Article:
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Communicative Construction of Safety in Wildland Firefighting


This Joint Fire Science Program funded and Human Factors & Risk Management sponsored PhD research explores communication practices within wildland firefighting crews to understand what facilitates and inhibits member-learning (and thus high reliability operations) at the crew level.

Results to Date

Findings based on 27 in-depth interviews with members of two heli-rappel wildland firefighting crews (Study One) pointed to several key processes and variables that appear to influence how crew environments either facilitate or inhibit group communication and learning – and thus safety. Findings revealed that the two crews differed substantially in their communicative interactions related to three specific routines: planning, use of safety rules, and authority. The crews also differed in their general interactions with one another related to safety, groupness, and efficiency.

Findings were further explored in a large-scale survey assessing workgroup-level safety climate (Study Two). The survey was completed by 379 wildland firefighters representing 220 crews (on-the-ground crews including hotshots, helitack, heli-rappel, engine and Type 2 handcrews). Safety climate refers to the degree to which an organization’s practices emphasize safety over production pressures. Safety climate constructs assessed in this study include: safety communication, failure learning behaviors, work safety tension, and psychological safety. Additional measures to capture crew staffing patterns (dispersed, co-located), work styles (independent, task interdependent), crew prestige, and the value of after action reviews (AARs) were also included, based on qualitative results.

The two studies illustrate that communication processes critically shape how safety is accomplished in wildland firefighting workgroups. Both studies demonstrated that wildland firefighting is not an individual activity, but a group one. Therefore, safety is a collective accomplishment that is socially defined through the workgroup’s appropriate and normative safety actions. Study One showed the importance of communication in shaping everyday enactments of tasks and safety; findings illustrated how members’ patterns of interactions set a precedent for appropriate behavior. These expectations influence how members enact tasks. Study Two illustrated that communication-based activities helped members to feel less pressure to take risks and enhanced their perception that the workgroup was a safe interpersonal environment.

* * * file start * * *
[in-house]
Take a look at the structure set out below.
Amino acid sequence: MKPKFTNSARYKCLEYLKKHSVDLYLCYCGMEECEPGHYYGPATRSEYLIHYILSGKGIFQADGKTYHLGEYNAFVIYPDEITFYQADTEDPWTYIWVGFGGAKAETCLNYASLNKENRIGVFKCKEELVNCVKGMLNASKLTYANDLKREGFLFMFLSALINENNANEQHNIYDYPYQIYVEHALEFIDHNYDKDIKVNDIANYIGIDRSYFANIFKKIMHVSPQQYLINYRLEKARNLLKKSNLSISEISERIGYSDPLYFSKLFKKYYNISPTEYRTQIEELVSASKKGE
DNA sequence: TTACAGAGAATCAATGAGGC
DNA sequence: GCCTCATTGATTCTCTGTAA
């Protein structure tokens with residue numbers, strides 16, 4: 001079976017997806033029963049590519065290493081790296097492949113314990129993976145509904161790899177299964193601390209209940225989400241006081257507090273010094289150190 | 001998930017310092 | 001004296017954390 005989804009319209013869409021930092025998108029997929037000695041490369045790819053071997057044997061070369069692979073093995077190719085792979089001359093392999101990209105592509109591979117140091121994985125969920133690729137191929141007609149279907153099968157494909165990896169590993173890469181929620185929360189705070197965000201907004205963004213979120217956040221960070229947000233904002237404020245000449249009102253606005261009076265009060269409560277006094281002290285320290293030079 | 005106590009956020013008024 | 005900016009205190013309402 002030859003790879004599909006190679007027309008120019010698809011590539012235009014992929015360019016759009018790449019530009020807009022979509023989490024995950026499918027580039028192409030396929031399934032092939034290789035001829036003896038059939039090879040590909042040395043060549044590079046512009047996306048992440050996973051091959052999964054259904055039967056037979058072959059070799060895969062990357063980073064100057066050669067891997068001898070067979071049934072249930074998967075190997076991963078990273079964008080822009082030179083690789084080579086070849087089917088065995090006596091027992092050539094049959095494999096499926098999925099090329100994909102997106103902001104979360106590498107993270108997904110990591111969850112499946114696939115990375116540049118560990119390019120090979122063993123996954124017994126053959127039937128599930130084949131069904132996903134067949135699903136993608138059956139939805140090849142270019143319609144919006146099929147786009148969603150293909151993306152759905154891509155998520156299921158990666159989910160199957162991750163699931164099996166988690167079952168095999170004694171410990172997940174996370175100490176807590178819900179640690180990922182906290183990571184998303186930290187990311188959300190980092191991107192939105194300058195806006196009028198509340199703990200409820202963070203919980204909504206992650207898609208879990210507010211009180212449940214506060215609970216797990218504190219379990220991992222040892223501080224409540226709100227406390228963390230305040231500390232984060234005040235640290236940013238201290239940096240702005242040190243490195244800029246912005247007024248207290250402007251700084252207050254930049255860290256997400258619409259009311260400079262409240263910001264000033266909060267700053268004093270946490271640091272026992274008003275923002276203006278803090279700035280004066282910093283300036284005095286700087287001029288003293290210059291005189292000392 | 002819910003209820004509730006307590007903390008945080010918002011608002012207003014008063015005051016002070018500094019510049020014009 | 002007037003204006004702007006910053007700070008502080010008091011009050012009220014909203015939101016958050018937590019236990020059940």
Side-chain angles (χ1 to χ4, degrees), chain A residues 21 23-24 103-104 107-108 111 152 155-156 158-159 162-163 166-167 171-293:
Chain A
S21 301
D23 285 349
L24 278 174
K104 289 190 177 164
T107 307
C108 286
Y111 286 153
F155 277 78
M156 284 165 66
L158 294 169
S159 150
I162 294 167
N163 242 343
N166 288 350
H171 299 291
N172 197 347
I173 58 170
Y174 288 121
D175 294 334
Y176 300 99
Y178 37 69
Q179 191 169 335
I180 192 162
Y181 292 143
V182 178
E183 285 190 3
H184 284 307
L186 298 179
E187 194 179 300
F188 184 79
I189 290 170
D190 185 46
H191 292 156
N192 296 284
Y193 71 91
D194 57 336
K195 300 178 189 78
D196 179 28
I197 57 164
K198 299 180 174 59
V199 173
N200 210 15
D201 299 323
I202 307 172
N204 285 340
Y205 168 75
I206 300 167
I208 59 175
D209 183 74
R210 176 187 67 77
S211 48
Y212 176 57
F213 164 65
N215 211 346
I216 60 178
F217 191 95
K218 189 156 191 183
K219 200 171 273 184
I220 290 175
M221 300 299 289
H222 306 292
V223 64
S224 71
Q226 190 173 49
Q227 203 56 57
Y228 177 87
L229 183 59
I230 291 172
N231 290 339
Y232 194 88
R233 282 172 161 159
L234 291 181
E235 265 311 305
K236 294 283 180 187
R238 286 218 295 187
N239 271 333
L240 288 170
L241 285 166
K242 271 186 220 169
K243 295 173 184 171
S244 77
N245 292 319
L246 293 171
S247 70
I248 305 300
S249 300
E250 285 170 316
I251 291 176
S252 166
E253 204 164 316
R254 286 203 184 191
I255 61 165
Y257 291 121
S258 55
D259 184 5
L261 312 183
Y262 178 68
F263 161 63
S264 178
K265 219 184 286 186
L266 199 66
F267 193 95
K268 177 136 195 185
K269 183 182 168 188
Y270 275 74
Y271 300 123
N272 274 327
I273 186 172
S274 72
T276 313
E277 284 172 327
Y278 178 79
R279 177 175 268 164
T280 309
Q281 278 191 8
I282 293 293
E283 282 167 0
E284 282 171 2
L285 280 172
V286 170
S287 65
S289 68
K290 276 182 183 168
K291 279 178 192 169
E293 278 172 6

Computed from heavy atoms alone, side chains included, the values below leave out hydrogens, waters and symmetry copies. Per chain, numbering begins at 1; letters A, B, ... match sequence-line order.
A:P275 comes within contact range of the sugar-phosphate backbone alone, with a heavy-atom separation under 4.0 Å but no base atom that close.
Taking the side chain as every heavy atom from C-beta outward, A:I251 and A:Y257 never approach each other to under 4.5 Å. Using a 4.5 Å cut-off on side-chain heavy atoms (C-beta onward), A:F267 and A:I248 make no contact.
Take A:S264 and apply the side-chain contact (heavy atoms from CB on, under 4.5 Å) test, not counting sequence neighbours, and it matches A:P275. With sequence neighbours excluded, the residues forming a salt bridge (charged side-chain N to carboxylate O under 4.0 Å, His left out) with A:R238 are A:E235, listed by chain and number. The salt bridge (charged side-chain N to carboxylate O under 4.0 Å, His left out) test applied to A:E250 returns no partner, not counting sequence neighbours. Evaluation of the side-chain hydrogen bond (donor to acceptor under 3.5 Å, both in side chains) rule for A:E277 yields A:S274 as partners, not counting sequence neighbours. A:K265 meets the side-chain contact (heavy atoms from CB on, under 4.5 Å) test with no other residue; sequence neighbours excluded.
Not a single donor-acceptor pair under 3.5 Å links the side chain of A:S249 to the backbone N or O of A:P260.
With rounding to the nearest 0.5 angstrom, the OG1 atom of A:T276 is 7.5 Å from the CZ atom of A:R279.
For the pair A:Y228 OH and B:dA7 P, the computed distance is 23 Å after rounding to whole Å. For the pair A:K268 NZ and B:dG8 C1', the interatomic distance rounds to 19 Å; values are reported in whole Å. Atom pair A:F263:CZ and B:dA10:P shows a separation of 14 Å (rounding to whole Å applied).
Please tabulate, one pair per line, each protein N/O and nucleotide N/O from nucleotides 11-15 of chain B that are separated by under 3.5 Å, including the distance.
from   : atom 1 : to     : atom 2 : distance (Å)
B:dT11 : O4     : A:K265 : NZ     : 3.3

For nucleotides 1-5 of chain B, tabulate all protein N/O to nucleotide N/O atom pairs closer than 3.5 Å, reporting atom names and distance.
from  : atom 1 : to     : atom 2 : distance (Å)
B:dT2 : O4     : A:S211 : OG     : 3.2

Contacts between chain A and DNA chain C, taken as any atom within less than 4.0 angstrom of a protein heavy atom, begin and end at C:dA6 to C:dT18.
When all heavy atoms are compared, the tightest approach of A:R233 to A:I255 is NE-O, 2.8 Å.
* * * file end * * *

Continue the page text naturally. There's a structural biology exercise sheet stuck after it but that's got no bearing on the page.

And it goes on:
Briefings and Presentations

Jahn, J.L.S. 2012. Communication and High Reliability: How the Crew Environment Facilitates or Inhibits Wildland Firefighter Learning. 3rd Human Dimensions in Wildland Fire Conference, International Association of Wildland Fire, Seattle, WA April 17-19, 2012.

Jahn, J.L.S. 2011. Learning by Doing: Wildland Firefighters’ Stories about their Pivotal Fireline Learning Experiences. 11th International Wildland Fire Safety Summit, Missoula, MT 4/4-7/11.

Jahn, J.L.S. 2010. Materiality and Communication in HROs. April 28, 2010, 2nd International Human Dimensions of Wildland Fire conference, April 27-29, 2010; San Antonio, TX.

Jahn, J.L.S. 2010. Social Bodies: Bringing Materiality into Theorizing about High Reliability Organizations. Paper presented to the Organizational Communication Division of the National Communication Association, San Francisco, CA.

Reports and Publications

Jahn, J.L.S. 2012. The Communicative Construction of Safety in Wildland Firefighting. (Doctoral dissertation). University of California, Santa Barbara, CA.

Jahn, J.L.S.; Putnam, L.L.; Black, A.E. 2012. The Communicative Construction of Safety in Wildland Firefighting. Final Project Report (JFSP Project Number: 10-3-01-4). July 10, 2012. Santa Barbara, CA.